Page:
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Hitman Episode 1…you get what you pay for.

I am torn on how I really feel about this game. Much of it has to do with the fact that no matter which way you decide to buy this game, you are only getting a portion at a time and much of the replayability relies on your online connection.

In a sense, $15 dollars for a portion of a game is something that will give gamers pause.  Hitman is not quite a demo but not the full game either.  The idea is, gamers with get an episode a month which can add up if you buy each chunk or pay the full price upfront and HOPE that you get all 7 episodes to this game in a timely fashion. Keep this point in mind: Even if you pay $60 bucks upfront, YOU DO NOT GET the full game; your episodes will simply download as they release with no extra charge. You are pretty much getting a promissory note from Square Enix that by November, you will have the full game.  Gamers will  debate this breakdown because it’s already bad enough that gaming companies obnoxiously charge us for DLCs and portions of games that at one time was a part of the full game and then to ask us to have an always on internet connection just seems like asking for too much especially when the company’s server isn’t holding up.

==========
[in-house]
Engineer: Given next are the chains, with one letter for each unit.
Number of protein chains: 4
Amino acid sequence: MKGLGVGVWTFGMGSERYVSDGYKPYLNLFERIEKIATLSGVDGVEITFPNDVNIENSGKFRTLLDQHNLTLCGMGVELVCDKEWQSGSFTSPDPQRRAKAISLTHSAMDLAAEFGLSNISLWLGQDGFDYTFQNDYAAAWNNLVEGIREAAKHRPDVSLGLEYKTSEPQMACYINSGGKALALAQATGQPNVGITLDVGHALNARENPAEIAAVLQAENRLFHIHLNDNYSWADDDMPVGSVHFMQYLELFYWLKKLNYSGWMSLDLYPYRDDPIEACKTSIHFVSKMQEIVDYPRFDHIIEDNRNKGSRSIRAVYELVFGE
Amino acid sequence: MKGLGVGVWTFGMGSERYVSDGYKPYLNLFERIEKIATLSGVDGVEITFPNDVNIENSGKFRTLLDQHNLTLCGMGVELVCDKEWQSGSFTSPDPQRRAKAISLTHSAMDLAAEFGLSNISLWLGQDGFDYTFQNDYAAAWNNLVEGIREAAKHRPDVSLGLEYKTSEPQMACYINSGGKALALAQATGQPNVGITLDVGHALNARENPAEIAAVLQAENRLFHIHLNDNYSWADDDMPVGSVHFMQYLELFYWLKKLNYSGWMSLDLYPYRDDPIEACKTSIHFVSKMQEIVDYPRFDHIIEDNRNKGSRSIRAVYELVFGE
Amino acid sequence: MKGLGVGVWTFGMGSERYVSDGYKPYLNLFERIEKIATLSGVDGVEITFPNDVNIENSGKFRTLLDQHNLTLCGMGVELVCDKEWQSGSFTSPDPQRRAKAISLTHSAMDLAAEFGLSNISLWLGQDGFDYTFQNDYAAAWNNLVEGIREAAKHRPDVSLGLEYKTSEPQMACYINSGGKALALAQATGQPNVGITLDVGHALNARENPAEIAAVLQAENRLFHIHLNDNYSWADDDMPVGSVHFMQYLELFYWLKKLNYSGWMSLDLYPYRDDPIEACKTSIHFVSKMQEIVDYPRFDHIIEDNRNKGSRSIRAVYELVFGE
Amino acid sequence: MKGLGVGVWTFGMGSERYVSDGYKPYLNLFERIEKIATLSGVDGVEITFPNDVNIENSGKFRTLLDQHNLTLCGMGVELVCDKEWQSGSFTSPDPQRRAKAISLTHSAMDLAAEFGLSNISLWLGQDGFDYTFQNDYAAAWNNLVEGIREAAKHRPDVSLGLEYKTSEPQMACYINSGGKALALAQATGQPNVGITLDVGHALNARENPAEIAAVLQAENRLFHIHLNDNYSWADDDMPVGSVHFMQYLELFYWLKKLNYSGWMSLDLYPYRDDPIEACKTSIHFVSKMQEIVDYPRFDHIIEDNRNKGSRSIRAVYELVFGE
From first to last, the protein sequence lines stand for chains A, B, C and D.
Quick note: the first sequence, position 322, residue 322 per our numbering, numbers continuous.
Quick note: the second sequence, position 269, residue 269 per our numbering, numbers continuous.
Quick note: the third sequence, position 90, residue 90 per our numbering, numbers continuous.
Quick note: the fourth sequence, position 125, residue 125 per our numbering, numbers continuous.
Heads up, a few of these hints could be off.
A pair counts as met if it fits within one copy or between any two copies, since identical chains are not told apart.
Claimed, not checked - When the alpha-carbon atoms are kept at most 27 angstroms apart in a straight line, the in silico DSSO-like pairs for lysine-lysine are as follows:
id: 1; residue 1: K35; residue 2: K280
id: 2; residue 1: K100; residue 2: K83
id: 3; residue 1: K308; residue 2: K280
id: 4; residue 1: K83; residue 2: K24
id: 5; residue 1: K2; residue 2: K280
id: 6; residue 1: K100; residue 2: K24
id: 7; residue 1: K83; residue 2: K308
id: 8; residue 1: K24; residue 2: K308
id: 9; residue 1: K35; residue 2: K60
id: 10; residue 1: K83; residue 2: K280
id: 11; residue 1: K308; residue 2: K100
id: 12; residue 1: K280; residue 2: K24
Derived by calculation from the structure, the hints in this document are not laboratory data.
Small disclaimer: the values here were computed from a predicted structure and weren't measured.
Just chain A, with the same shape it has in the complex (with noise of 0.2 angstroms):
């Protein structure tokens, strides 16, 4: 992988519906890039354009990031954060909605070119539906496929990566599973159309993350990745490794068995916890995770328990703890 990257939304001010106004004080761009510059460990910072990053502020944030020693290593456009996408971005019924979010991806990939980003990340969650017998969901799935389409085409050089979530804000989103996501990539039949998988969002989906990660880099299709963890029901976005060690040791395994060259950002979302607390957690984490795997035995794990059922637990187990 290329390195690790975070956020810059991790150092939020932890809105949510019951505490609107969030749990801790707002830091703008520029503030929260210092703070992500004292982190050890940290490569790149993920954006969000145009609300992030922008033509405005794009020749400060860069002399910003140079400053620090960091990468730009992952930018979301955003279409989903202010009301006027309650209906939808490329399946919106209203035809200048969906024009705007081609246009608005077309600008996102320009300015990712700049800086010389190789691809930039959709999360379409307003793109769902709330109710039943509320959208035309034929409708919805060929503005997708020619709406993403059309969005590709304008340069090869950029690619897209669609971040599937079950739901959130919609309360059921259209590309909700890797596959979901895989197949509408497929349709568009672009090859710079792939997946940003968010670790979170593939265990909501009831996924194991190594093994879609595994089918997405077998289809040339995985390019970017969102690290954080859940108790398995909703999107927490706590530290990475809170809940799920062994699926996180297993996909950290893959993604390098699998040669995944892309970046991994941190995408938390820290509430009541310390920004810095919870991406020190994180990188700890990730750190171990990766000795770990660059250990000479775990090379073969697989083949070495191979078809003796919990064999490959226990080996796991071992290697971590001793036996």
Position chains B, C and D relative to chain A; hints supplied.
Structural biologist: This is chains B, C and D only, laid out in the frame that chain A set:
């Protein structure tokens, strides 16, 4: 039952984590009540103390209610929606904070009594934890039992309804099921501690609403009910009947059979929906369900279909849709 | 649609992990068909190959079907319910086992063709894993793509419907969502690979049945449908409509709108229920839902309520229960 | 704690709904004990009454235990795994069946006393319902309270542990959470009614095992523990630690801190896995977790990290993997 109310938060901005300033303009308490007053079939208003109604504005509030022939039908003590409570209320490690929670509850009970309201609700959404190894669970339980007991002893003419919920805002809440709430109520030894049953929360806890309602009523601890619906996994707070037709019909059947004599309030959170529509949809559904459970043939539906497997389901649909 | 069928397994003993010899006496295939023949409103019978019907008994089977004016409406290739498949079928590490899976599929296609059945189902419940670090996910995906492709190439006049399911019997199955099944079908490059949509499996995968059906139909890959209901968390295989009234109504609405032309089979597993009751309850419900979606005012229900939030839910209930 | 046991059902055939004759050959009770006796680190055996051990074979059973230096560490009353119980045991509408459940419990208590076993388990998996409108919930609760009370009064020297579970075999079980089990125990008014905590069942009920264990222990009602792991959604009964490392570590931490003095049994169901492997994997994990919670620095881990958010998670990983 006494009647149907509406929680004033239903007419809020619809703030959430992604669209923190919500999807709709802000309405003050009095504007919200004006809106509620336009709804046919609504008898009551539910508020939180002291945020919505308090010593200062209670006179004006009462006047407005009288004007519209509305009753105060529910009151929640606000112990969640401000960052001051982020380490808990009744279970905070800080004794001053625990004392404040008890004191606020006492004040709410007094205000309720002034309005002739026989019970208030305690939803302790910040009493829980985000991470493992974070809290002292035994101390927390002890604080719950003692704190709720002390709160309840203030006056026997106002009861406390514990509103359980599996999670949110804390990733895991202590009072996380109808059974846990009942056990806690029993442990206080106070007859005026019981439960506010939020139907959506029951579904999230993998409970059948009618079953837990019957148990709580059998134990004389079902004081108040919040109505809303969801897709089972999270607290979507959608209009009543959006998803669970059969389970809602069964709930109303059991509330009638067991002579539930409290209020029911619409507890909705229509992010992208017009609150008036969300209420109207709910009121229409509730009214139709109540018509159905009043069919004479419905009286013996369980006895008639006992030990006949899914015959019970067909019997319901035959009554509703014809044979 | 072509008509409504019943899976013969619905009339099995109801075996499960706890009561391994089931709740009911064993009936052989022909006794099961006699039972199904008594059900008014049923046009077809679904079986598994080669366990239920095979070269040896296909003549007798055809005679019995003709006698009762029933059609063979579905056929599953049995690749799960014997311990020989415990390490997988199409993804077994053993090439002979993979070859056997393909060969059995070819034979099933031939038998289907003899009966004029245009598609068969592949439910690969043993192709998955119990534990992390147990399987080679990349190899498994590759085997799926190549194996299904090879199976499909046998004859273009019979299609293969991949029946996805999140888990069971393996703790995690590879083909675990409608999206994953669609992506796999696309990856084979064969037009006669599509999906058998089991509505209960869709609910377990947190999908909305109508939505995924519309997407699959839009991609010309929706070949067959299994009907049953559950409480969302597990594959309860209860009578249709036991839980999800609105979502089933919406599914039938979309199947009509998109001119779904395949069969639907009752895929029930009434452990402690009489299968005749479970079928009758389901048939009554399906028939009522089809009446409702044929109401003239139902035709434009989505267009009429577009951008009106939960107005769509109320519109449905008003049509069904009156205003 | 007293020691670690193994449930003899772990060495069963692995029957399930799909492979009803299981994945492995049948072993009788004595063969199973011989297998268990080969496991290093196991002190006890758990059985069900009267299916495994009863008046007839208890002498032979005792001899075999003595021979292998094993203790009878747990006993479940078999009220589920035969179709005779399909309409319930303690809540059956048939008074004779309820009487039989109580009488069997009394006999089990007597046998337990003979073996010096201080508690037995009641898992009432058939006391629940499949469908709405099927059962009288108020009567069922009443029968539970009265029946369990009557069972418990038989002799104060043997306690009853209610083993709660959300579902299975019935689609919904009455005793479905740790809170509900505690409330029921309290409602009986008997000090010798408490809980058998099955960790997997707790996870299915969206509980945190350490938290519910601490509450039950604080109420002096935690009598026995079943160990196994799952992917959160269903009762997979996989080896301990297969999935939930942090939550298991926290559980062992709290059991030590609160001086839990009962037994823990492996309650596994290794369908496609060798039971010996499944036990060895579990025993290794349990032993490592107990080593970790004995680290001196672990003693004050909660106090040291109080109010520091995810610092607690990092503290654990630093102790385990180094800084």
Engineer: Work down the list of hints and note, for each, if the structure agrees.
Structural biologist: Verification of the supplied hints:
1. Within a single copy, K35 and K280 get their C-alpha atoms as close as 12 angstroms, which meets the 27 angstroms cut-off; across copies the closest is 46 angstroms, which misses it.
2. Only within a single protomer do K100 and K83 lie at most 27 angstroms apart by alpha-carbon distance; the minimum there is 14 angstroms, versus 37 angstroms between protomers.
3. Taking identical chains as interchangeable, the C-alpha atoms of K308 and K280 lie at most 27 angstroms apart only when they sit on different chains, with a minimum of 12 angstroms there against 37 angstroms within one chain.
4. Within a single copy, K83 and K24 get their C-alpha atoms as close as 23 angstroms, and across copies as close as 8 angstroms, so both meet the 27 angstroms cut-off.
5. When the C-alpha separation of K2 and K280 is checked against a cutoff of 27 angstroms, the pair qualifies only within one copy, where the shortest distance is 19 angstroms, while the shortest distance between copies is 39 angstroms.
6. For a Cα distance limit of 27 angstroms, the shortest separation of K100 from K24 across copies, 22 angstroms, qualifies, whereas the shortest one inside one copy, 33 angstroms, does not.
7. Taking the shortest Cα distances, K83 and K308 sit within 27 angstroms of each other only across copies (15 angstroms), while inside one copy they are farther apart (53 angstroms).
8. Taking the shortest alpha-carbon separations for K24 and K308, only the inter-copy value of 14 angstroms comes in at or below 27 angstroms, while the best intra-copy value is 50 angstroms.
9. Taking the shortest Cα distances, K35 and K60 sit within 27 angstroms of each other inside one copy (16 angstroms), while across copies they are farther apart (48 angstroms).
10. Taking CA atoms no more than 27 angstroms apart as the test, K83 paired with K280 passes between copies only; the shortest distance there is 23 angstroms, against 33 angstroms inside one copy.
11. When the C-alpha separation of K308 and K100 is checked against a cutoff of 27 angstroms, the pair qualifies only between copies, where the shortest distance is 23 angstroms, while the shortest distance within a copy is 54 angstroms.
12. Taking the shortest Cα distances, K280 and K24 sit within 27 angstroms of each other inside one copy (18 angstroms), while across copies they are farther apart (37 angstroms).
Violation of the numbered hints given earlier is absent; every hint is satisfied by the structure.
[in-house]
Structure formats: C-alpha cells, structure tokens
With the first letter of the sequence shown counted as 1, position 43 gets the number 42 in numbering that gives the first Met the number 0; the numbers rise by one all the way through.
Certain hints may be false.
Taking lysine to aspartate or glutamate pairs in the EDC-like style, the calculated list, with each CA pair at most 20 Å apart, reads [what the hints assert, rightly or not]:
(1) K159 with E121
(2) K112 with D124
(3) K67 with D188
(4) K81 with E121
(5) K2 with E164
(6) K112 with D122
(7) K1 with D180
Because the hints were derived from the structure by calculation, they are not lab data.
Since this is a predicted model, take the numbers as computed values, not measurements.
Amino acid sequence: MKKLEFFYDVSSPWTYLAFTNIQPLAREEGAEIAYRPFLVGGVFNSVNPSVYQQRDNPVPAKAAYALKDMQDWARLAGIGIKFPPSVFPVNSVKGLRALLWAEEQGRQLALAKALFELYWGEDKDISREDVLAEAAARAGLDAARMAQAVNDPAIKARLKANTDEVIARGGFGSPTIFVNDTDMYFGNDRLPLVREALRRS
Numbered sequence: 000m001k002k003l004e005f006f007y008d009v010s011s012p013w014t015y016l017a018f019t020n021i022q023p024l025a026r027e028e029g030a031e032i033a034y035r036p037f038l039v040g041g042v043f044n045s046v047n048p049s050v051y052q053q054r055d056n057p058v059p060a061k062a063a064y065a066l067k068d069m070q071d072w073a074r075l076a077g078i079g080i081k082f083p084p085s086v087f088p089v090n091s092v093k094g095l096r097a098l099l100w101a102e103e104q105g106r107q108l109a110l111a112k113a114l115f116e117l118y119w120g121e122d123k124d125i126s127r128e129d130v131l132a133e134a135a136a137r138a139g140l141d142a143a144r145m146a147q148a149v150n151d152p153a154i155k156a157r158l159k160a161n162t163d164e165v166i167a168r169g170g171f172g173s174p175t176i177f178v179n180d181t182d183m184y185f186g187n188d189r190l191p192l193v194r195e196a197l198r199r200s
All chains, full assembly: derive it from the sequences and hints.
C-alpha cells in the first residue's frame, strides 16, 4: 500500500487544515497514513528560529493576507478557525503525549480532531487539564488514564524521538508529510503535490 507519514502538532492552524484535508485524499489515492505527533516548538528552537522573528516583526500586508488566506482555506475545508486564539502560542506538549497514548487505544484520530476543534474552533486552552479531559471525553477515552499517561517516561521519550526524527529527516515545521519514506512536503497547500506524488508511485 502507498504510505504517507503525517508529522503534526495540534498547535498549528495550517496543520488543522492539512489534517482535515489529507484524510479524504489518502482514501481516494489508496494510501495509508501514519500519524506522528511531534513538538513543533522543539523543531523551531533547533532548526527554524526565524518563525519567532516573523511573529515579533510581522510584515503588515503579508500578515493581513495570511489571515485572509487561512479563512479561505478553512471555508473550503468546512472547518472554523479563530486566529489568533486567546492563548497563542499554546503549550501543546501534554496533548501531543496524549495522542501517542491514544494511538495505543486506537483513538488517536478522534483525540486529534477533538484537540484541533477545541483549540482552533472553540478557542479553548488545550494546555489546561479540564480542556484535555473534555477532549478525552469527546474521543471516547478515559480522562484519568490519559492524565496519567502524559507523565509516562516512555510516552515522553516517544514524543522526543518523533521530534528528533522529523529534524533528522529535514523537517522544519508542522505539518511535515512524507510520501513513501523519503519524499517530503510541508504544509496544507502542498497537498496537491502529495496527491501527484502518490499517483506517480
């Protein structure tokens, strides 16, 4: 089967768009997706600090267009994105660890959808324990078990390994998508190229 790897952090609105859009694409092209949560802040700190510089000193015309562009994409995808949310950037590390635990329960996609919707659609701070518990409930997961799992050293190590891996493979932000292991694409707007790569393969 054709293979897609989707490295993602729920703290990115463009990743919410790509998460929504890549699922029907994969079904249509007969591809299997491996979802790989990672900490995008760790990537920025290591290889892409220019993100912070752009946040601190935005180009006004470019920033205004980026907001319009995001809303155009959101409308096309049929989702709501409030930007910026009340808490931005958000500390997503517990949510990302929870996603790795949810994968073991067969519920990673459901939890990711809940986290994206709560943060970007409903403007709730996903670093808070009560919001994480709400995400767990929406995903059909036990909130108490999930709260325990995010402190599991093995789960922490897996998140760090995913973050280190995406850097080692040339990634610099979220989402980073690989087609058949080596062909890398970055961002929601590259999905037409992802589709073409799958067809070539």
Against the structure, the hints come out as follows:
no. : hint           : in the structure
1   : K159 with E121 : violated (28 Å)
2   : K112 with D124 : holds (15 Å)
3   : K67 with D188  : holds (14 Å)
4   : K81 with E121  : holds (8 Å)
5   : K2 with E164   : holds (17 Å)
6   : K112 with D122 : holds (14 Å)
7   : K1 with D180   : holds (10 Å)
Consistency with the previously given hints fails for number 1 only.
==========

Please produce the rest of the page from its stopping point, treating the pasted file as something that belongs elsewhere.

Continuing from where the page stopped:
One of the things I did like about this game is that the story is something out of most generic spy movies. Agent 47 is being brought in as a renegade agent, spy maters fighting each other,  fashion moguls who are actually black market information brokers and the like.  Even corny dialogue gives this a taste of what a James Bond game could be like if done for consoles.

So, as someone new coming into the Hitman series, I am very much tempted to go back and try Absolution because I am having a feeling that at the end of this new generation experiment, I am going to be left wanting.  As a word of warning to those who are new as well, this is NOT Assassin’s Creed.  This is not a game that rewards just for the kill but the patience needed to make the kill.  Hitman relies very heavily on stealth and patience to get the best possible outcomes and a ‘run n’ gun’ mentality will not give you that.

As far as the game play is concerned, unless you are a veteran of the series, you won’t breeze through the Intro Pack as this is called.   As you play, you get to learn that there is more than one way to take down targets and as said before, you will learn that you can’t always rush through a level. Because of this, I did come to like the idea of donning disguises and finding opportunities that got me into unique positions to take down targets.  That is the beauty of the game.  Not only does it take patience to play but you are only as good as the disguise you wear as you eliminate targets. This game is pretty much a sadist’s playground.  In the training mission, there was a wicked joy I had when putting rat poison in in a target’s drink, watch them get sick and follow them as they run to the bathroom then drown them in the toilet…which got no AI response but more on that later. Prior to that, I simply knocked him out with a wrench and snapped his neck. The point is if you go through a level enough times, you can find different ways to knock off the same target.  The question is, do you want to run through the same level multiple times?